Instructions for using tools and data

Observed and projected climate

Maps

The map to the left shows average values for the baseline period (1971-2000) according to the municipal division of 2011.

The map to the right shows the climate model forecast for the variable you selected for the period you selected, as an average based on 19 climate models. The values are sliding 30-year averages. The material is interpolated on a 10x10km grid square.

More detailed information on grid material is available in the section Climate Change Explained

There are three emission scenarios to choose from: A2, high emissions; A1B, fairly high emissions and B1, low emissions.

You can change the time period of the map to the right by clicking the grid below the map. The orange beam will move to the chosen location. 

Diagrams

The grid below the maps shows regional time series from 1961 on a blue curve. The values are annual and monthly averages interpolated on a 10x10km grid square, based on meteorological observations.

More detailed information on grid material is available in the section Climate Change Explained

The three evenly rising curves describe the average values of 19 climate models for regional mean temperature and precipitation as 30-year sliding average according to various emission scenarios from the period 1961-1990. The red curve corresponds to scenario A2: high emissions; the light green to scenario A1B: fairly high emissions and the dark green to scenario B1: low emissions. The scenario selected on the map is shown as a thicker line on the graph, the two other options are narrower.

Move the pointer on top of the graphs to see the exact numerical value and year.

Menus

Use the menus below the maps to select the aspects to be shown on the maps and graphs.

Area: Select the municipality you wish to examine. Borders of the municipality are highlighted on the map, the graph shows a time series based on meteorological observations and climate model forecast for the municipality in question. Municpal division is according to the year 2011.

Time: You can view average temperatures and precipitation per year or per month.

Variable: you can choose mean temperature or precipitation.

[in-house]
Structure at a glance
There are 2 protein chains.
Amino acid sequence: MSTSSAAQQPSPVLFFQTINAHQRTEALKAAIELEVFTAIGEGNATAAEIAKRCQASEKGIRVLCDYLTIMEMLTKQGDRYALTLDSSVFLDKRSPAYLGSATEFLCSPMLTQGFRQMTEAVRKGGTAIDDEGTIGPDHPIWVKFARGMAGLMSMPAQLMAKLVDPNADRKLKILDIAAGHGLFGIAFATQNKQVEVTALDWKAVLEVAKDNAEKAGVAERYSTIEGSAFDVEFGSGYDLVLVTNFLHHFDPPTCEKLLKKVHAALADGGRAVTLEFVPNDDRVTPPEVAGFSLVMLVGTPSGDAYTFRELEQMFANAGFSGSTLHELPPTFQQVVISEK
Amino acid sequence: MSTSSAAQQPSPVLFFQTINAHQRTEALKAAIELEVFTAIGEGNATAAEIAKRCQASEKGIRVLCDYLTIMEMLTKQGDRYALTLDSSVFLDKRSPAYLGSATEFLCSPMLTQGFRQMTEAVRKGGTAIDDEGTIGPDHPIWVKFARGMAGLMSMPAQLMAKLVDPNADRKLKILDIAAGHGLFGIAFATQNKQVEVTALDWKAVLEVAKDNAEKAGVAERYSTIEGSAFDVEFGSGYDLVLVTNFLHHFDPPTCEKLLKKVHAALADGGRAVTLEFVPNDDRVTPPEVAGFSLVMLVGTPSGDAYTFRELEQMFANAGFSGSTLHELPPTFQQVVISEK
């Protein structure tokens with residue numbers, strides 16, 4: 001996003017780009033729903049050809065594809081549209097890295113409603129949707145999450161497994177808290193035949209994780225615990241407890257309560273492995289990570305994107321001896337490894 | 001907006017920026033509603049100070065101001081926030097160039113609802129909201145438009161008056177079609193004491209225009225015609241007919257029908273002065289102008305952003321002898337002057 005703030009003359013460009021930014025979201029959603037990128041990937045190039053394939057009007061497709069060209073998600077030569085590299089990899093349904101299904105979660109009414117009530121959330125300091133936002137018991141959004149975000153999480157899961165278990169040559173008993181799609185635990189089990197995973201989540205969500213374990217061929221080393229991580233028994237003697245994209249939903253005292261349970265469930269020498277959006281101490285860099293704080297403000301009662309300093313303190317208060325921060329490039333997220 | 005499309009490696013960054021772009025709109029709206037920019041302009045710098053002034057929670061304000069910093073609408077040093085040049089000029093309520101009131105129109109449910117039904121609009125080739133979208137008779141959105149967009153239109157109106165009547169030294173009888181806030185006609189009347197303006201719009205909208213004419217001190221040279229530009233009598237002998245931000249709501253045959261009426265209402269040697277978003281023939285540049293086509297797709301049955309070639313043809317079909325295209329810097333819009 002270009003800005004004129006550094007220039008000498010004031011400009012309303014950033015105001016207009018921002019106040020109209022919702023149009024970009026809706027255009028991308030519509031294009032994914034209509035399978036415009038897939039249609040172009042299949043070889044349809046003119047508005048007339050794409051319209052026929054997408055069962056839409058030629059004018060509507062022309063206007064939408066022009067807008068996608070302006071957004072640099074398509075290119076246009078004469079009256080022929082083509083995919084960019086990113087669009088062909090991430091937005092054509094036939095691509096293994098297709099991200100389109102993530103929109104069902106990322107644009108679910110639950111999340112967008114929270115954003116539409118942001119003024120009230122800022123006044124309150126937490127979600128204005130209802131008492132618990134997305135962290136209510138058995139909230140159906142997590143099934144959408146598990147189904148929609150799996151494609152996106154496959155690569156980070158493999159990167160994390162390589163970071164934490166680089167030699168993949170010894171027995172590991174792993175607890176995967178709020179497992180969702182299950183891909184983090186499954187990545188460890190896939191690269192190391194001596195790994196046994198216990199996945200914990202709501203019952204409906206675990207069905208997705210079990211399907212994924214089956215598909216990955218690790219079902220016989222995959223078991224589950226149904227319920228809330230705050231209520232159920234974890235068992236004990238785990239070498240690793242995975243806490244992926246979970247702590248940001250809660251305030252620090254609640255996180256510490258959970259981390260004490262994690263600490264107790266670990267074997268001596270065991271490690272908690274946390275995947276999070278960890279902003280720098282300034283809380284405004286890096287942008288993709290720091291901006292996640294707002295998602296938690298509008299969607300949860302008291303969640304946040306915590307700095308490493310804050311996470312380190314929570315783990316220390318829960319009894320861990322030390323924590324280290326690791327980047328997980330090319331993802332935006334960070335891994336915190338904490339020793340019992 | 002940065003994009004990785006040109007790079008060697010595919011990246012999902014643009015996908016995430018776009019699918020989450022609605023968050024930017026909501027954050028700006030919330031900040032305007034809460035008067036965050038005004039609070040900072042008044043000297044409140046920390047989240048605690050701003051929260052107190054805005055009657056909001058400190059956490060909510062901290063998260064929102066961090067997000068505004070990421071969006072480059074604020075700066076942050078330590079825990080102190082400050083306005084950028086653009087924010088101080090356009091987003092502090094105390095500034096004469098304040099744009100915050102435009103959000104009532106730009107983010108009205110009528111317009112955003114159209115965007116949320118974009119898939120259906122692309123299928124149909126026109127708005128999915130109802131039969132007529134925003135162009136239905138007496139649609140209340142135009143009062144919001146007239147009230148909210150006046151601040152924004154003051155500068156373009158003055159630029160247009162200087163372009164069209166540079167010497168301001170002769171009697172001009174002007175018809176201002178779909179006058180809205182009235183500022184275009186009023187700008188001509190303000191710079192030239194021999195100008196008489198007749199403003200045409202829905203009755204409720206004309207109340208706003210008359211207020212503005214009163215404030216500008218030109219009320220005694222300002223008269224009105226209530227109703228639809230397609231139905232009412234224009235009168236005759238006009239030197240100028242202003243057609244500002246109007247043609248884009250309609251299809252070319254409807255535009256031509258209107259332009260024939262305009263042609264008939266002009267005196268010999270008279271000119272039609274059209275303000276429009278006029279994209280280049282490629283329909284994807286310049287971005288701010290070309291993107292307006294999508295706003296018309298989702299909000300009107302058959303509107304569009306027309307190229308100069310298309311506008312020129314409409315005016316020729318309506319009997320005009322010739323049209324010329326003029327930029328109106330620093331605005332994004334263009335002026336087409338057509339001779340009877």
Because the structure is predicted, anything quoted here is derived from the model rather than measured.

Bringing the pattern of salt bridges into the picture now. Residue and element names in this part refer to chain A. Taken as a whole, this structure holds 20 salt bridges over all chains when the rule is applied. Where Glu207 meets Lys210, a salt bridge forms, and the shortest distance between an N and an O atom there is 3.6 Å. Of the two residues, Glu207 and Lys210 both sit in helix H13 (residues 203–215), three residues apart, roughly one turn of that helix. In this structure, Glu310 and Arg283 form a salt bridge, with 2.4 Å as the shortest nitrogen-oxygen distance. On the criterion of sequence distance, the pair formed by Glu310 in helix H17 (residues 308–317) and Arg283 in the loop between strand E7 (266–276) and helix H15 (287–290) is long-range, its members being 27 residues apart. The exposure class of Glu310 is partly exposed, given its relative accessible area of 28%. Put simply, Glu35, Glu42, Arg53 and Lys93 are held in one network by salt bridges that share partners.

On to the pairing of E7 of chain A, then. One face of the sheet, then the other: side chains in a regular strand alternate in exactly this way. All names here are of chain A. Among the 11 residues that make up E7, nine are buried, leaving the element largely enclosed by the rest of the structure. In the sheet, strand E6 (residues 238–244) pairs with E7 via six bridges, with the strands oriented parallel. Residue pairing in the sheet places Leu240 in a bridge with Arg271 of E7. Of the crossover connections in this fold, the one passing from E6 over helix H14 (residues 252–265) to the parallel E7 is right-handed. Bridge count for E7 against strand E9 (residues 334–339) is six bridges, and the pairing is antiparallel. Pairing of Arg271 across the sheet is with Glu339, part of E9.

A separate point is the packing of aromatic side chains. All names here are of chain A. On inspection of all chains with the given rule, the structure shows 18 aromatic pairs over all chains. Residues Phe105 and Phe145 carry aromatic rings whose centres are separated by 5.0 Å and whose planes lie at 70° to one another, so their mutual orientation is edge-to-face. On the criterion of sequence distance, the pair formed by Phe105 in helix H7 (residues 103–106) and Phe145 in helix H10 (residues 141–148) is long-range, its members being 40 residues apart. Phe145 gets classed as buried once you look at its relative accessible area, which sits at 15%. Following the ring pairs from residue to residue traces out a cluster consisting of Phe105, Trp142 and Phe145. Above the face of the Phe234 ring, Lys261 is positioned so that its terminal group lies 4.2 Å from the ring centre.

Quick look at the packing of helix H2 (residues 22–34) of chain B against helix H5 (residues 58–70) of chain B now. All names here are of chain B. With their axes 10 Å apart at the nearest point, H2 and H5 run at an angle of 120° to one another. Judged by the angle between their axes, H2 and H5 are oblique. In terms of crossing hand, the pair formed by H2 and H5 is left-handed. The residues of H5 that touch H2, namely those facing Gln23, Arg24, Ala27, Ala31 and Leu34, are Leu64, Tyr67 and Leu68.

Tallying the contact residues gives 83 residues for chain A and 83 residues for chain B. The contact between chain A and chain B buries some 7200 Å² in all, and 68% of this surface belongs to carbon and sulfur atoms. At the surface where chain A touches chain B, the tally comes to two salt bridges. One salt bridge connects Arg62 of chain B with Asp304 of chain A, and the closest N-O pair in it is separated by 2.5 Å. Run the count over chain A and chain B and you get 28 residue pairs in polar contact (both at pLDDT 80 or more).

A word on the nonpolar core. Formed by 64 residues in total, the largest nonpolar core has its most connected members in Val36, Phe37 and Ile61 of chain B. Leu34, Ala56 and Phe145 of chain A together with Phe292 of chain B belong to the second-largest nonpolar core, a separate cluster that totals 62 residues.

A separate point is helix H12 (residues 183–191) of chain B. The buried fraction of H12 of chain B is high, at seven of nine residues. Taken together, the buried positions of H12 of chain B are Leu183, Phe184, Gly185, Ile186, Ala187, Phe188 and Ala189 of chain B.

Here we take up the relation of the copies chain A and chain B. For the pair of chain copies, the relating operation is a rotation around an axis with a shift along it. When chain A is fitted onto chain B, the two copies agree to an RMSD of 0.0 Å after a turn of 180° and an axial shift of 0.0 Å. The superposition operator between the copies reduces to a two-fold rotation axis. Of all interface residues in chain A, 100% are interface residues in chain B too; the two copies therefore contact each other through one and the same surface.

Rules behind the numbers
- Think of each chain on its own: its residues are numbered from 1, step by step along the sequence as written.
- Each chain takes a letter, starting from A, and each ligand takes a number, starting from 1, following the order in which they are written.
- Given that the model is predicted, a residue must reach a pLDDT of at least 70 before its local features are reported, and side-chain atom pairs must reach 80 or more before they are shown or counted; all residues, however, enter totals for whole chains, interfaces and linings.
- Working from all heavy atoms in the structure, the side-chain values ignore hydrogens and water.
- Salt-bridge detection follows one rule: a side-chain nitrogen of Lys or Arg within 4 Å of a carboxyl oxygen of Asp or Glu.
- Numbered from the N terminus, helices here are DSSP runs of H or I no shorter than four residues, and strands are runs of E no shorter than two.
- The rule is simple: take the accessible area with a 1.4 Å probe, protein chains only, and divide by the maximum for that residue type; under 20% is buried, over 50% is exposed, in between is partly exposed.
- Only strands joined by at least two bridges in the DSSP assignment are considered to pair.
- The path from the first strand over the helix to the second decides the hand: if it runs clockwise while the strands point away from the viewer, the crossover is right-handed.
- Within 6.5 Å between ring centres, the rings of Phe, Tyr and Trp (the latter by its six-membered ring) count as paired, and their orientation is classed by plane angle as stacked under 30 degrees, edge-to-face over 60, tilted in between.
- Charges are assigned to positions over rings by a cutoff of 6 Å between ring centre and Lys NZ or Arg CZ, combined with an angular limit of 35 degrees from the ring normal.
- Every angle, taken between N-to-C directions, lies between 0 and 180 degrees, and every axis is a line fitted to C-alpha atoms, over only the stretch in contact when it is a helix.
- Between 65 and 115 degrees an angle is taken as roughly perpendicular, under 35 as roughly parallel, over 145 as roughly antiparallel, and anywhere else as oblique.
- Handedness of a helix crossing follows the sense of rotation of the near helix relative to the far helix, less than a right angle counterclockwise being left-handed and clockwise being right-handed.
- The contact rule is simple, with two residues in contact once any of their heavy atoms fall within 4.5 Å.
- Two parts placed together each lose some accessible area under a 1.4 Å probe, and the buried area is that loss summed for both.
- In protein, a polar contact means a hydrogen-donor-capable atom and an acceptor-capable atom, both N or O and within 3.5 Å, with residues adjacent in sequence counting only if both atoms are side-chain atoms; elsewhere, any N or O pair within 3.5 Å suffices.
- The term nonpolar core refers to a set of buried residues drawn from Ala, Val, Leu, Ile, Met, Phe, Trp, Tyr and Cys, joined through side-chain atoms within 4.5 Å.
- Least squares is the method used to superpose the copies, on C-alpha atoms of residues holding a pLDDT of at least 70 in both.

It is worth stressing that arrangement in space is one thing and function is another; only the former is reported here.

Value/change: On the map, you can examine climate model assessments on future mean temperature/precipitation or how much mean temperature/precipitation will change in comparison with current climate (average for 1971/2000). 

  • Value: The map to the left shows the average mean temperature/precipitation for 1971-2000, and to the right is the climate model forecast for the same variable for the 30-year period of your choice. The 30-year period of the map to the right can be changed by clicking the grid below the maps. The orange beam will move to the chosen location on the time axis. The blue curve is the municipality-specific mean temperature/precipitation based on meteorological observations, while the red and green curves are climate model forecasts according to various emission scenarios.
  • Change: The map to the left shows the mean temperature/precipitation for 1971-2000 and to the right, the change in temperature/precipitation for the 30-year period of your choice in comparison with the level for the period 1971-2000. The 30-year period of the map to the right can be changed by clicking the grid below the maps. The orange beam will move to the chosen location on the time axis. The blue curve is the municipality-specific mean temperature/precipitation based on meteorological observations, while the red and green curves are climate model forecasts according to various emission scenarios.

Scenario: you can choose between three scenarios of how conditions will change in future, based on the climate models. The pessimistic scenario A2: high emissions corresponds to a situation where the transfer from fossil fuels to emission-free energy sources is slow, whereas the scenario B1: low emissions corresponds to a situation where emissions are cut drastically and rapidly. The scenario A1B: fairly high emissions is the intermediate form between the two extremes.